Ask any Hispanic in America and they will relate stories of equal eye-rolling when they talk about a necessity for equality, ask any Jewish person in America and they will relate stories of equal eye-rolling when they talk about the Holocaust. When did our society become so intolerant to historical truths? Perhaps it’s the old adage, those who do not remember history are doomed to repeat it? Our lack of patience for realities, past and present, says more about our lack of compassion. Is it because until we experience things for ourselves we cannot see the value of anyone else’s perspectives?

In an increasingly selfish society, change comes best when people see it and are forced to live with it. Parents of gay children, people with gay friends, tend to become slowly more habituated and tolerant of gays even if formerly anti-gay. But ask yourself, is it enough to be ‘tolerant?’ True change is where we stop seeing differences as potentially negative.

During the years, like many others, I’ve been told I’m a pervert, I’m psychologically ill, I’m a man-hater, I’m afraid of true relationships, I’m just reacting to childhood abuse, I’m in a phase, I’m disgusting, I’m obviously a child-molester, and many other things. I’ve had female friends who are afraid of me, thinking I will molest them, and male friends who want to “sex me up” to help me learn the value of heterosexuality. I’ve done things I never thought I would do just to be, who I am. So if we talk about having to explain who we are, it’s really the gay person who is pushed to justify why they are gay, especially as it’s still considered by many to be a choice.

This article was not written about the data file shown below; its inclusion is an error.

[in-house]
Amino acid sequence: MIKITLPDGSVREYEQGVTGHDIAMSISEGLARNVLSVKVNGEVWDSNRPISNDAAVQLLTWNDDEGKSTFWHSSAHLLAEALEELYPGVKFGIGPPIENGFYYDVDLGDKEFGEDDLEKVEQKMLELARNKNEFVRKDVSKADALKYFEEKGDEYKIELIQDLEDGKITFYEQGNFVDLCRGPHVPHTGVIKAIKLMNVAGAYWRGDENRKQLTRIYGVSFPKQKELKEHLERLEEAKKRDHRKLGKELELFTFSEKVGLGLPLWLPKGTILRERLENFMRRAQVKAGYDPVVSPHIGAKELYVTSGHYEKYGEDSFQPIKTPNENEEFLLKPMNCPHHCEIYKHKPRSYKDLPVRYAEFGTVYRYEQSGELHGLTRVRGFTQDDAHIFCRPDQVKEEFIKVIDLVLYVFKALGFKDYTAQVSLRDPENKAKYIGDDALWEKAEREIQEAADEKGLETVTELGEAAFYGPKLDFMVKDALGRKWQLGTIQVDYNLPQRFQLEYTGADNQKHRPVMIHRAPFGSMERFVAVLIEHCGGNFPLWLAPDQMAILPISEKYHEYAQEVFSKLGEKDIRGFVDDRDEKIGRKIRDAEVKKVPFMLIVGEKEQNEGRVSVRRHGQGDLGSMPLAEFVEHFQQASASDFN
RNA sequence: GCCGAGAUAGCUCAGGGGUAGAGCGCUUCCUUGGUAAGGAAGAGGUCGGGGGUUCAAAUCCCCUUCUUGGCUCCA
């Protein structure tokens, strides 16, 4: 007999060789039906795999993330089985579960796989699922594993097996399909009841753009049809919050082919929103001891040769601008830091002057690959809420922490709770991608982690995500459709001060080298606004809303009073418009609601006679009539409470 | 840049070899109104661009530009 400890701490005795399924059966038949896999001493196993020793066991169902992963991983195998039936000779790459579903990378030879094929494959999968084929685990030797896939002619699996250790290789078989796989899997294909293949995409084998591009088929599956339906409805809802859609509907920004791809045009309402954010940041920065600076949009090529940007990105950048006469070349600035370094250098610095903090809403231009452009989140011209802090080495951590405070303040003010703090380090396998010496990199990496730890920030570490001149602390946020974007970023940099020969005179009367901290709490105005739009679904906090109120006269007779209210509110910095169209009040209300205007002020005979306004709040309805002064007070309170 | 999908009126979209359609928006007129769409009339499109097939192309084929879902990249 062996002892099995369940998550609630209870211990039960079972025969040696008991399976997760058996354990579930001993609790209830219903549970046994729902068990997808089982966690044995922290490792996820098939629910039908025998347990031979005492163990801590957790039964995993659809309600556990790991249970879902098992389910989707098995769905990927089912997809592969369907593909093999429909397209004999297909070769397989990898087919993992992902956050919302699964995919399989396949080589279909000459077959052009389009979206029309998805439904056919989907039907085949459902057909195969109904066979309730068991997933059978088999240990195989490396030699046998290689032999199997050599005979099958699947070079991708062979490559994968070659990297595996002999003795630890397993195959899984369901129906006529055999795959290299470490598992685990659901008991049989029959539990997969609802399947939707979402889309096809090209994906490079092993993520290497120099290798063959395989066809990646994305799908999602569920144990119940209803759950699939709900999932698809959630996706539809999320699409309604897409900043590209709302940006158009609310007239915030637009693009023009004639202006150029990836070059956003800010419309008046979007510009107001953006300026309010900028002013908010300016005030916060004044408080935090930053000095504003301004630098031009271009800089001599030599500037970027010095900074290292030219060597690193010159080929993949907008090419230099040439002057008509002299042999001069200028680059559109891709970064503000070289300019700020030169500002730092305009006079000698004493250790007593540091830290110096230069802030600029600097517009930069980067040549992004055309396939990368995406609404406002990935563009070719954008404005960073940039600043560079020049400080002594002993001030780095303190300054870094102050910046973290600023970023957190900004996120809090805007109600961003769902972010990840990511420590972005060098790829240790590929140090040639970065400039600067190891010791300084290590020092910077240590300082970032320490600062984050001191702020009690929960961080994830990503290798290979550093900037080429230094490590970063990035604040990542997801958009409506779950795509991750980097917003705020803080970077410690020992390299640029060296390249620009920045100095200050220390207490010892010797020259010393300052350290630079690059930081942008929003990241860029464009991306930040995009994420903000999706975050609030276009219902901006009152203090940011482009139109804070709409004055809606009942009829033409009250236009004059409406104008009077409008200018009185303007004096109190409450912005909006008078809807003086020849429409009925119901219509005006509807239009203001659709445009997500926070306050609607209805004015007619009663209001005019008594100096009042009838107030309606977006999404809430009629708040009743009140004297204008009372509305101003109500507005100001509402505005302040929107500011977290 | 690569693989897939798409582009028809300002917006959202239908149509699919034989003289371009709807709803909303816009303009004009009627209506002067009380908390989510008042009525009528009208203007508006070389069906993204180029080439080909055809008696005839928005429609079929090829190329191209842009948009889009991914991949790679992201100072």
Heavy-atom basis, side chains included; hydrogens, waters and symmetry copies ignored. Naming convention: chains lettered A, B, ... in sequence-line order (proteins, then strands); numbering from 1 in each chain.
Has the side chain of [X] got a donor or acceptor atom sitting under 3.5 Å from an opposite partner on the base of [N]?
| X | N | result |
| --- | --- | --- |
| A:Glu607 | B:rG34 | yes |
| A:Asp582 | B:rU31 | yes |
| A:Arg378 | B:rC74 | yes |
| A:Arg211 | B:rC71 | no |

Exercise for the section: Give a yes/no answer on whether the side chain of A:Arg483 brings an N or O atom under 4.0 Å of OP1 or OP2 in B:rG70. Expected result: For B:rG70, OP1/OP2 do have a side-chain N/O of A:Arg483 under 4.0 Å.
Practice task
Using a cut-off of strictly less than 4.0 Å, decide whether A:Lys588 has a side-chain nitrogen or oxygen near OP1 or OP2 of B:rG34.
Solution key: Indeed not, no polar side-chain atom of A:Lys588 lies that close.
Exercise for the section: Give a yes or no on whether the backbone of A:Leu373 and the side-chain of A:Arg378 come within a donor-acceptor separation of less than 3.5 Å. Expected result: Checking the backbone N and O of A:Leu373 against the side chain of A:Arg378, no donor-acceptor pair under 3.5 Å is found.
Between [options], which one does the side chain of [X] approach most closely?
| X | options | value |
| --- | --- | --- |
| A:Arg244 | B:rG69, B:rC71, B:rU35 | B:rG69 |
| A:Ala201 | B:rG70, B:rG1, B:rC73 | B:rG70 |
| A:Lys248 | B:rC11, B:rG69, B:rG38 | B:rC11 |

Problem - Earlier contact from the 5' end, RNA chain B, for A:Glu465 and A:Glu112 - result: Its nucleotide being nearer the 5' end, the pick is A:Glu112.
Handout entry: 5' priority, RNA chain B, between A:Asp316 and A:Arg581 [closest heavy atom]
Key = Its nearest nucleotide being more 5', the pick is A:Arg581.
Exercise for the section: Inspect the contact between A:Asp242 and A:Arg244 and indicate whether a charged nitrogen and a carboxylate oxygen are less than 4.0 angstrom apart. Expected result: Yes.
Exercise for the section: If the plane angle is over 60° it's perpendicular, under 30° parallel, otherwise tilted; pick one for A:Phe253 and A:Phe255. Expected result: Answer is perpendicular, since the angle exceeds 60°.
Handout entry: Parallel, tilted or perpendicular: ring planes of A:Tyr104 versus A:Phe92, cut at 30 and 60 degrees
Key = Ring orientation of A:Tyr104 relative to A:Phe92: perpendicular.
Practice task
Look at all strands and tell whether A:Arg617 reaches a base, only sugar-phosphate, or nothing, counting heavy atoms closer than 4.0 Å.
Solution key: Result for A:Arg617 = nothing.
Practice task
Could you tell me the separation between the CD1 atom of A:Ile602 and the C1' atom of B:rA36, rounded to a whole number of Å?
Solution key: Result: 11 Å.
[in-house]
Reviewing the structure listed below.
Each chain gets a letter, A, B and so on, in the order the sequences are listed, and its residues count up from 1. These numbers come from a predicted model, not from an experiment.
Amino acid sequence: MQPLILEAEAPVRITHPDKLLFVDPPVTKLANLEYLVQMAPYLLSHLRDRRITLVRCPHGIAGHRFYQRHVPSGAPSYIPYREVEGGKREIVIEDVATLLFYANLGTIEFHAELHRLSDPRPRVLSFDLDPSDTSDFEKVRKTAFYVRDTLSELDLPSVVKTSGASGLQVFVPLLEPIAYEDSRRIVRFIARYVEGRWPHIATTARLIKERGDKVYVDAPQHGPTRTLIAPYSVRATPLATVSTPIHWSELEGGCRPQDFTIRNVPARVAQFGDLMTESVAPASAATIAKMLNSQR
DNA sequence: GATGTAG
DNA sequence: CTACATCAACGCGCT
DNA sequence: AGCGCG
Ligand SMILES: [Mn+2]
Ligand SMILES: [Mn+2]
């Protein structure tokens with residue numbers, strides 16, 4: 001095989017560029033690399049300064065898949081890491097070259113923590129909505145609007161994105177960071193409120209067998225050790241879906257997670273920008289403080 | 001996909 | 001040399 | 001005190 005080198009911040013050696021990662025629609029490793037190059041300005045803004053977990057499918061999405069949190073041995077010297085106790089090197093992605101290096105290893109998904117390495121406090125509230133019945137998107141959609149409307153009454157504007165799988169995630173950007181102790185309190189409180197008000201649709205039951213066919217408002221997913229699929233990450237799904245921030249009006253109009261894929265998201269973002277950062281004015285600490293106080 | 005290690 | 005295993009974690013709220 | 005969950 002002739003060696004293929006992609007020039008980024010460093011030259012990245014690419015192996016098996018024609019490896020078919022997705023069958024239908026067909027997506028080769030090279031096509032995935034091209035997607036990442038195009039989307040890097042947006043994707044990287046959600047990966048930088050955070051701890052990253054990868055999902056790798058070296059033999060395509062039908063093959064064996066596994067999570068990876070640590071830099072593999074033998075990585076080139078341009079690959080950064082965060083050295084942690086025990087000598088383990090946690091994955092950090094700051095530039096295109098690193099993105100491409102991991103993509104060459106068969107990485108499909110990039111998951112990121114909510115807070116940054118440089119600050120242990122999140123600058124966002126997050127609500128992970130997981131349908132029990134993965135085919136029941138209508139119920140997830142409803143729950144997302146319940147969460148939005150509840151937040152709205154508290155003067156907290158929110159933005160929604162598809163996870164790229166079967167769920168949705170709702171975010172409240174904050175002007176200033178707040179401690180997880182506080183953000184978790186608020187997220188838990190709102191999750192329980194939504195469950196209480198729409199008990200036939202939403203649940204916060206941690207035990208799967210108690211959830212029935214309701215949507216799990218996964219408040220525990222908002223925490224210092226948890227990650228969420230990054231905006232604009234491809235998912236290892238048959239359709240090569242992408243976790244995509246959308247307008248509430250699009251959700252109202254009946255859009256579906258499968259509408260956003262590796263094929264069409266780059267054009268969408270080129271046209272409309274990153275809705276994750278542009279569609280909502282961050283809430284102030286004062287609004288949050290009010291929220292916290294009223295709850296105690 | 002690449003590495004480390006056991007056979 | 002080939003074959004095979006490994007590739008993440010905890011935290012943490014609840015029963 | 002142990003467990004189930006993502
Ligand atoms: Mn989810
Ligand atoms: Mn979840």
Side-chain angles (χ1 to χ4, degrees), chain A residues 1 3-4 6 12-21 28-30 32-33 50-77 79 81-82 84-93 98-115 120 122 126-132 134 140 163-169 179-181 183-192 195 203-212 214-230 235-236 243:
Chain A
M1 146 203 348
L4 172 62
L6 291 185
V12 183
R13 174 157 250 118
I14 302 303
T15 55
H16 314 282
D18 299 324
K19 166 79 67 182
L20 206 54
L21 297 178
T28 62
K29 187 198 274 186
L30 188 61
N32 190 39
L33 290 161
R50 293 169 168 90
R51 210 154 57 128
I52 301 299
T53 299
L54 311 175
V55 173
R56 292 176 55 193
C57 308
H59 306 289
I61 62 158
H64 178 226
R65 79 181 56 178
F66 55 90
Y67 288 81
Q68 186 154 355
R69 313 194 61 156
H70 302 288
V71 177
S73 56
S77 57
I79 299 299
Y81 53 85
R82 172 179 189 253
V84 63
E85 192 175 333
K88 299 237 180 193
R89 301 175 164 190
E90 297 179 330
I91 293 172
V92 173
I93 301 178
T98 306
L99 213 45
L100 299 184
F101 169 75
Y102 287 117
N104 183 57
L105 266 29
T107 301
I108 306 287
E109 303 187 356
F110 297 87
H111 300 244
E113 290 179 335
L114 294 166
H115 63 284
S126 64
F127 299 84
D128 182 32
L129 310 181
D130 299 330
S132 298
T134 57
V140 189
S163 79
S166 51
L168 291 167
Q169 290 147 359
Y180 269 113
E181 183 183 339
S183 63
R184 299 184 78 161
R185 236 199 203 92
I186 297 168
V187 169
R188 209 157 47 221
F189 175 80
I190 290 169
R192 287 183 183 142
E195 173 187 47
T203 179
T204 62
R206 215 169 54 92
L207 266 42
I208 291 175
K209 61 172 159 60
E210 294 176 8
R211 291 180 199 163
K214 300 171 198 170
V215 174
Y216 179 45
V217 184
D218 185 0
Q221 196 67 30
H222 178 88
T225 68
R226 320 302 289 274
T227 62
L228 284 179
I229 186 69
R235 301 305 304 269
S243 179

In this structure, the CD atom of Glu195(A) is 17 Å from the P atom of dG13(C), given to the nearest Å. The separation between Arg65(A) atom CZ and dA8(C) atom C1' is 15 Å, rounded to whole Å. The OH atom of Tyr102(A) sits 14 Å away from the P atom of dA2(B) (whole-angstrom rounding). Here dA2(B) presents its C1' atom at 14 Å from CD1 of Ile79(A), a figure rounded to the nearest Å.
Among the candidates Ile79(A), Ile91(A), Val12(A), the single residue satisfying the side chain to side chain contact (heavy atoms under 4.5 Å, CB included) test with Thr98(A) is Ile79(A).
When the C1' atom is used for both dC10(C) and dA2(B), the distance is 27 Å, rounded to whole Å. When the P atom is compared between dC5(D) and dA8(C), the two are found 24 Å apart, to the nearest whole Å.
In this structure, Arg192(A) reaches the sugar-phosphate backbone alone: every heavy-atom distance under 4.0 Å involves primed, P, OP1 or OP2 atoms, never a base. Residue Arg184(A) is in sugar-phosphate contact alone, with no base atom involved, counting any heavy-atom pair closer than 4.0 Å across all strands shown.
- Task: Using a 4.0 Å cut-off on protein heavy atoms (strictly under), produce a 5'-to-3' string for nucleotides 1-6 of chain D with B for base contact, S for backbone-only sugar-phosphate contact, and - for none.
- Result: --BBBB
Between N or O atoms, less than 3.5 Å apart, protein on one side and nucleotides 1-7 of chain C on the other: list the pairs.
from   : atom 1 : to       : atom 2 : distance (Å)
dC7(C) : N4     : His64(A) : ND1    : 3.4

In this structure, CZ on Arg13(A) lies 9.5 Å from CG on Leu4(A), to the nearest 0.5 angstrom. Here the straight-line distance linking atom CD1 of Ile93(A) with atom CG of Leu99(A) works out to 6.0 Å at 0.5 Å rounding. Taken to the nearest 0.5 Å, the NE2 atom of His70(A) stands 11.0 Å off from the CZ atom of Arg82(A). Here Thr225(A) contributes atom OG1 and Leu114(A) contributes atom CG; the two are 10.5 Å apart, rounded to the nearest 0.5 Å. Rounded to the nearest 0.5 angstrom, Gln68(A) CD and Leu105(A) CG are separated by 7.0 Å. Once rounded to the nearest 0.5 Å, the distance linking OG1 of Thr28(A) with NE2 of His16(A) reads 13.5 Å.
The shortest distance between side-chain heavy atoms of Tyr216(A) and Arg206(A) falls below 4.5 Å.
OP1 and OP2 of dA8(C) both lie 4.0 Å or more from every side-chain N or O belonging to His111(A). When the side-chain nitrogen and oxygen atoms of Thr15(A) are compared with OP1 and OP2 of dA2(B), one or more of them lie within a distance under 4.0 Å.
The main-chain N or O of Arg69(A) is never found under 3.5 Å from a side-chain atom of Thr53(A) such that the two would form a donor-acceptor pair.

Being gay has always existed. Penguins can be gay. It is one of those things you wouldn’t wish on anybody in the way it’s currently handled in societies throughout the world, but you can’t really say you would wish it away, because it’s like saying you wish you weren’t who you are. Even in this so-called-world of liberated values, gays are killed every week, in certain countries I would be put to death, in others I would be set upon, in others I’d be spat at, in others I’d be jailed.

Just think about that for a moment. When it was illegal for blacks and whites to marry those that did get together, had children who were shunned by both groups. How is it very different for gays who continue to lie to families who would otherwise cut them out of their lives, or lie to their employer so they would not be squeezed out? Or are unable, despite the length and value of their relationships to marry, whilst heterosexuals who have just met, can marry at the altar of Vegas.

Being gay isn’t all hunky-dory just because there are some laws that protect us. In fact often after the passing of a law, anti-gay sentiment rises up, out of frustration. See France as a recent example of this and the anti-gay under-current that exists in relatively liberal Canada. For every step forward, there are many steps back. Think how it would feel to know mass protests occur because people hate you and think you are unnatural? In many countries and states, gays cannot legally adopt, we are treated as inferior, unequal, unnatural and still can’t be the normal we know we are.